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World Breastfeeding Week: Deciding to breastfeed

Portland Family Birth Place, Body, Women's Health, Show on Corporate Home

When you have a baby for the first time, there are so many things to learn how to do—giving a bath, installing the car seat, changing diapers and breastfeeding. Most of these are learned quickly, however breastfeeding may take a bit of support and education from a pediatrician, nurse or lactation consultant at the hospital.

You will learn from your hospital team that breast milk has many benefits. These include:

  • In the first days after birth, breast milk is filled with beneficial nutrients that boost baby’s immune system and help the digestive tract develop.
  • If your baby is premature, breast milk aids in their health and may provide protection from chronic or fatal conditions.
  • Breast milk contains the adequate amount of nutrients baby needs for growth.
  • Breast milk is easy for baby’s body to break down and results in less upset stomachs and other digestive issues.
  • Breast milk promotes a healthy weight that will generally follow baby throughout childhood.
  • Breast milk lessens the risk of sudden infant death syndrome (SIDS).
  • Breast milk has been shown to protect against allergies and several diseases such as asthma, diabetes and reduce the risk of developing others like leukemia.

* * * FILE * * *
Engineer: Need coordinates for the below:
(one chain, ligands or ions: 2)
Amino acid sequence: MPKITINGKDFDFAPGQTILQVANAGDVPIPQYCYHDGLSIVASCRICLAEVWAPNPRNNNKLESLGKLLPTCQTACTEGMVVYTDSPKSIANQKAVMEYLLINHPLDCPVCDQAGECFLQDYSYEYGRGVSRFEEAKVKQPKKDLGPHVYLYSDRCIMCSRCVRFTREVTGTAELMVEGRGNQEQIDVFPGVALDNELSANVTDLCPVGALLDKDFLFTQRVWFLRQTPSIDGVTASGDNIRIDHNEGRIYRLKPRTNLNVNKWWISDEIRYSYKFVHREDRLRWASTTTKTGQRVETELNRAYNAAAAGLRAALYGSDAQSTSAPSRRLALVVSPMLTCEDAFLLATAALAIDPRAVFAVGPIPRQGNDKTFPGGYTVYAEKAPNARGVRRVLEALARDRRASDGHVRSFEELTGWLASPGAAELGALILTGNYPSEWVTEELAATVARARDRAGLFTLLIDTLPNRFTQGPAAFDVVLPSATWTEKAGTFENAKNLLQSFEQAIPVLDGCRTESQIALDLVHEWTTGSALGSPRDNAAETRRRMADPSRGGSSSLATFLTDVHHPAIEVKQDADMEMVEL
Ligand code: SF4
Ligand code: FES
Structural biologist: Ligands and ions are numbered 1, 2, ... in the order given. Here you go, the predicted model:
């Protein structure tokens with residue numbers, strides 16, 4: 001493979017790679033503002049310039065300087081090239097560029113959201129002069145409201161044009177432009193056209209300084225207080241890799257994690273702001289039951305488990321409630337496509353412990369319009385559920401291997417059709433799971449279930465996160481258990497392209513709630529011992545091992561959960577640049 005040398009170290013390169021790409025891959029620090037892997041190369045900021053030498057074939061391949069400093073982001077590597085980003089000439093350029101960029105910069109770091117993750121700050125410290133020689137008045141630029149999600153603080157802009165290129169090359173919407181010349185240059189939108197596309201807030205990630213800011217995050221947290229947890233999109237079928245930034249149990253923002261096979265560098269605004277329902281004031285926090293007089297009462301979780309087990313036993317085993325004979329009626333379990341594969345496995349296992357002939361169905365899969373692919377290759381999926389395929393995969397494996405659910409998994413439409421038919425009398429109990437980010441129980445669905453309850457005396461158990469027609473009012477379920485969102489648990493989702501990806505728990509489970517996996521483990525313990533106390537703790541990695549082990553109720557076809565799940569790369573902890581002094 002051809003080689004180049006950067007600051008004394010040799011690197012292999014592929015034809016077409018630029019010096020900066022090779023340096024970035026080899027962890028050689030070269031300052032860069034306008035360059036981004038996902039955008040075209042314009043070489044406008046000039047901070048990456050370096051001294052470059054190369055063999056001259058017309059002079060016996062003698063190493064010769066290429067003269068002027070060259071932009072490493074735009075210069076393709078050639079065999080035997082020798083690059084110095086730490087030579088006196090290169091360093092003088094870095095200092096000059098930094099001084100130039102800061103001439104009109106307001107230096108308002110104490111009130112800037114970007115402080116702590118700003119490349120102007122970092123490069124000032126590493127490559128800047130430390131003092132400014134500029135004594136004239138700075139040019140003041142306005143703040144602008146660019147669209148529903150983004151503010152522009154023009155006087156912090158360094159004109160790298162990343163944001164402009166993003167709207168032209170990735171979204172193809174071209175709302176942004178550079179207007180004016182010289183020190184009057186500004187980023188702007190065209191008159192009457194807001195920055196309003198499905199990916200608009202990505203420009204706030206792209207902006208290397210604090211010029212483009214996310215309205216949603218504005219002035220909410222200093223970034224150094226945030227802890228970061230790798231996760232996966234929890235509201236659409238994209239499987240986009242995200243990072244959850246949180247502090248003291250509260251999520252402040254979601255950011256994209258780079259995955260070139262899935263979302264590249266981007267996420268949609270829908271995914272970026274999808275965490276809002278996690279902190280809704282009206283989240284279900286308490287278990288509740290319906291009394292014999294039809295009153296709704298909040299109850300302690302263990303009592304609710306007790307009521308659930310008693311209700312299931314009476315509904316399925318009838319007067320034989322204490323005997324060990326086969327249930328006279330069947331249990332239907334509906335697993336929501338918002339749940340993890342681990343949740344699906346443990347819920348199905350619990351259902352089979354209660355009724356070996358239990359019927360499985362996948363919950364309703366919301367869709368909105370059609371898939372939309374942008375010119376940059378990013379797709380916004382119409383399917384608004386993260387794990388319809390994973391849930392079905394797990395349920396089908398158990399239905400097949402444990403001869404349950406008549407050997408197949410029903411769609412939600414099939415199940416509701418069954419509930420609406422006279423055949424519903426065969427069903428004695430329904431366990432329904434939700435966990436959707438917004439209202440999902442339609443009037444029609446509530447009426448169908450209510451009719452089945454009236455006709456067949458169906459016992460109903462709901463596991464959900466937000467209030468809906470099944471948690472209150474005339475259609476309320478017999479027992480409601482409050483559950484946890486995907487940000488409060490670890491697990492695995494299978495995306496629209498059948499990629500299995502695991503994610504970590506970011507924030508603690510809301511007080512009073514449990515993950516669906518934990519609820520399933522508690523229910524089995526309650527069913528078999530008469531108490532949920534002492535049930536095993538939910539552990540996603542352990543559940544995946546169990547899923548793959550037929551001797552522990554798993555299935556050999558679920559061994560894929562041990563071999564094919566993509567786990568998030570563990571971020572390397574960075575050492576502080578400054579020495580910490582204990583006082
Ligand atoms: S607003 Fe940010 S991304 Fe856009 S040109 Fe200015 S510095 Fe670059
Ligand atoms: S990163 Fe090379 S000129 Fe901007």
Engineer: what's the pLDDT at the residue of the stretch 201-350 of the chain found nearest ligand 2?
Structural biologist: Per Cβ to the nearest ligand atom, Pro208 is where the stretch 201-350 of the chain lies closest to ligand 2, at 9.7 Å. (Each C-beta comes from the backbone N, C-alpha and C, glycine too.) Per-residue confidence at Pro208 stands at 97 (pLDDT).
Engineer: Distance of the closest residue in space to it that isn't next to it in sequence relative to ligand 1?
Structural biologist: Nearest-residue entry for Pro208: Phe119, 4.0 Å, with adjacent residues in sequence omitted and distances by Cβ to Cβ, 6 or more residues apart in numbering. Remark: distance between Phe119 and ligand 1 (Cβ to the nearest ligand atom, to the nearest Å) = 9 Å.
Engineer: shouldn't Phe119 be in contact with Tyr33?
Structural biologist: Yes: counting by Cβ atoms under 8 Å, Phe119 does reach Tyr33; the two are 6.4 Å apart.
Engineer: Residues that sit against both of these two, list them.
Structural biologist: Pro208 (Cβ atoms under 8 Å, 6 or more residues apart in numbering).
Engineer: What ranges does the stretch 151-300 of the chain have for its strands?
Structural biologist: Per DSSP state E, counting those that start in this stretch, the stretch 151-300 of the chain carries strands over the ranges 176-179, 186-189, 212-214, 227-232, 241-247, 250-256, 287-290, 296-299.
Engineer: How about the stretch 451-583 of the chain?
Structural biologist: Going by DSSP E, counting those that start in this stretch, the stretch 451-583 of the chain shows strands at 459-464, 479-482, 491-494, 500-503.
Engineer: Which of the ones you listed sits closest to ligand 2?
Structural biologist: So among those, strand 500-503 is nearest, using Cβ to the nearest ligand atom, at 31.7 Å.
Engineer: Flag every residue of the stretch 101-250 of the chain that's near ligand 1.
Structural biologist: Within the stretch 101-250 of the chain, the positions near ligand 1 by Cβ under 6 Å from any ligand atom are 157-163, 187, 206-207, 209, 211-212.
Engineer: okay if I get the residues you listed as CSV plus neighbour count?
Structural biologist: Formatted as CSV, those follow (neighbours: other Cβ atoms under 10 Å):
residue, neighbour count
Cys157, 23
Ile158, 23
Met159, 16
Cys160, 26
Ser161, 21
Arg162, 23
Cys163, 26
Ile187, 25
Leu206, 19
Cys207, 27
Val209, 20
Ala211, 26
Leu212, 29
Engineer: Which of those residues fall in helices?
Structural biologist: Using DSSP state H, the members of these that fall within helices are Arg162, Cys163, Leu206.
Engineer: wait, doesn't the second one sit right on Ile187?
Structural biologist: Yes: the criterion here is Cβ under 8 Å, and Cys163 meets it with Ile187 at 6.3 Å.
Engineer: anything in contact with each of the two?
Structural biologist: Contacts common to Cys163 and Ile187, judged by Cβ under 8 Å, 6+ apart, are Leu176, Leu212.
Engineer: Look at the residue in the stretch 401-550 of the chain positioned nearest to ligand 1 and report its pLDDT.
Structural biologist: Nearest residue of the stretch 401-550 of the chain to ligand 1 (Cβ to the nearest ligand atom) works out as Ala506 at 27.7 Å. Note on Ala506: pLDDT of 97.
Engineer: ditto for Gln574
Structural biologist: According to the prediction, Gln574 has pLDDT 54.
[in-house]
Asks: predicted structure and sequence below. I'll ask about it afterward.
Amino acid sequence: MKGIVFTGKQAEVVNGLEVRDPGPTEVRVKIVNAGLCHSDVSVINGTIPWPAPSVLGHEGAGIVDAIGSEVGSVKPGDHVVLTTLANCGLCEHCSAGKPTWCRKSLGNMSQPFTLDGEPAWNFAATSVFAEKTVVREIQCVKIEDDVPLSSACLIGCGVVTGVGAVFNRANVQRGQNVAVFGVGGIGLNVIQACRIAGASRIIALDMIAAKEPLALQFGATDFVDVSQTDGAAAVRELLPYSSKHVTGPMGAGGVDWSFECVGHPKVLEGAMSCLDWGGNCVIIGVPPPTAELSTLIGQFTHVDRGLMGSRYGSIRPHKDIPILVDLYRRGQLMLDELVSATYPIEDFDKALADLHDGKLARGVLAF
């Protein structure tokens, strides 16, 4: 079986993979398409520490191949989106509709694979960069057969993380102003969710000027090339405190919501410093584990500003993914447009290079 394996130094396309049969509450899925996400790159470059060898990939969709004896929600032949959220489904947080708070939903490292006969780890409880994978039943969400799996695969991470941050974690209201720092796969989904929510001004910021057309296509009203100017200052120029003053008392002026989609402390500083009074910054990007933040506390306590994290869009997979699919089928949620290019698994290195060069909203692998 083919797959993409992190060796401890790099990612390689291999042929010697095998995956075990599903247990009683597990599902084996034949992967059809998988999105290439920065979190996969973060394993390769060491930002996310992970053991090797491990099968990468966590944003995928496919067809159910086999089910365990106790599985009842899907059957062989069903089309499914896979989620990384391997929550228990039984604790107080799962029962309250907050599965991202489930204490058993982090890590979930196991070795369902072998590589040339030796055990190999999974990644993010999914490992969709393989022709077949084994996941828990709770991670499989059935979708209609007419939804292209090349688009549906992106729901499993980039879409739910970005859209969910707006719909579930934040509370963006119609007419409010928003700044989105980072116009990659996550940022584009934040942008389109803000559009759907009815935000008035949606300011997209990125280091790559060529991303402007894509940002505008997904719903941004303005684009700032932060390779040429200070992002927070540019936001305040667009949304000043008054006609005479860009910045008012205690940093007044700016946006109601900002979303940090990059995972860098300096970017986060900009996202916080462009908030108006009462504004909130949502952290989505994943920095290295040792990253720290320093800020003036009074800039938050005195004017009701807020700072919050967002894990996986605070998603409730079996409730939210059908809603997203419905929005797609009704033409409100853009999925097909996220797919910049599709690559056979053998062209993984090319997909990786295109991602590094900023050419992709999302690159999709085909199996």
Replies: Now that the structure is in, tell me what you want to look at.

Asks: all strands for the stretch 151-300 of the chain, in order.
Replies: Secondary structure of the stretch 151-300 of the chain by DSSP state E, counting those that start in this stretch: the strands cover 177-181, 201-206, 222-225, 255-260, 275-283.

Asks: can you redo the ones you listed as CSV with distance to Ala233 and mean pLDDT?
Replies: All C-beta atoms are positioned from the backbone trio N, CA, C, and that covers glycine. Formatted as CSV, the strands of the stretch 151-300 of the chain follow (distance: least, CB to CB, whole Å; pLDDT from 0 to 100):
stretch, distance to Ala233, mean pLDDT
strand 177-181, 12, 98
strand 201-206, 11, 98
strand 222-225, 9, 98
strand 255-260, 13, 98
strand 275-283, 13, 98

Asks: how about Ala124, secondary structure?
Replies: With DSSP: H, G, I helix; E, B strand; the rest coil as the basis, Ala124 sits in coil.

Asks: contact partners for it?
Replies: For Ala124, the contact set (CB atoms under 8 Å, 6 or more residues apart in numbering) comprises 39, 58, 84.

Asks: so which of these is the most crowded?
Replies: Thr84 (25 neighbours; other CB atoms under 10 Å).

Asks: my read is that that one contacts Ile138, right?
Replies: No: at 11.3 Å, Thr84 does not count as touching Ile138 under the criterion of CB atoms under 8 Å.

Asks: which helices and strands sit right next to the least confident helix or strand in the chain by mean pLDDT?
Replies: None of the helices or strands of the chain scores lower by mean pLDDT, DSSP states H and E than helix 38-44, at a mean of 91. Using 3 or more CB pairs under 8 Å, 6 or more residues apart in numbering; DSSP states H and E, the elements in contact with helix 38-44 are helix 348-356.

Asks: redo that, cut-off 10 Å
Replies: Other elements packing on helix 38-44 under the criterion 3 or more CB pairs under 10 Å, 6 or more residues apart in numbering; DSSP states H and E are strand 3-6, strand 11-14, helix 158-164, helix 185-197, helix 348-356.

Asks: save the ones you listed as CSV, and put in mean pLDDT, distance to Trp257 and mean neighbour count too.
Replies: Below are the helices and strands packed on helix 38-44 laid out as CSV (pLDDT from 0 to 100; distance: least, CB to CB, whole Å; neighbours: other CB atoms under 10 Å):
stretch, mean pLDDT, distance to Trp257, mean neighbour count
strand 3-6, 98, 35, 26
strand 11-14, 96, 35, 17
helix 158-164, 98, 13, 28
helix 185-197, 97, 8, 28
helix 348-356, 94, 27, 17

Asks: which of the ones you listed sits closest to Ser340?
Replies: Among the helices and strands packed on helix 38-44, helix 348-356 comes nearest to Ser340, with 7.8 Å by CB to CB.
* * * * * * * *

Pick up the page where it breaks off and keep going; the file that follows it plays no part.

If you aren’t sure how to breastfeed, there are nurses and lactation consultants at the hospital to help you right away. You’ll learn how to position baby and make sure they are latching on properly as well as how to produce quality milk. If you have questions once you go home, talk with your pediatrician.

As with pregnancy, there are many healthy choices you can make to keep your milk filled with the nutrients baby needs.

  • Continue to eat a healthy, balanced diet of fruits, vegetables and whole grains.
  • Stay hydrated but monitor caffeine intake. Too much caffeine may make it difficult for baby to sleep.
  • Do your best to sleep and exercise moderately.
  • Avoid alcoholic drinks. If you do have a drink, don’t breastfeed for two hours.
  • Avoid smoking and cigarette smoke. Secondhand smoke has been shown to increase the risk of SIDS and contribute to the development of respiratory illnesses.
  • Discuss all your medications with your physician before breastfeeding to make sure they won’t negatively impact baby.

Breastfeeding also benefits you by helping you decrease the risk of postpartum depression, helps you lose pregnancy weight, lowering the risk of diseases such as breast and ovarian cancer and creating a special closeness with baby.

While there are many positive reasons for breastfeeding, it is a personal choice and not everyone is able to breastfeed. That’s ok! Your pediatrician can talk to you about formula options that can benefit your baby.

Being proactive in care for your whole family includes finding a medical home that’s right for you. Adventist Health offers a wide range of providers from family medicine and pediatricians to subspecialty care for all ages. Find a provider near you by visiting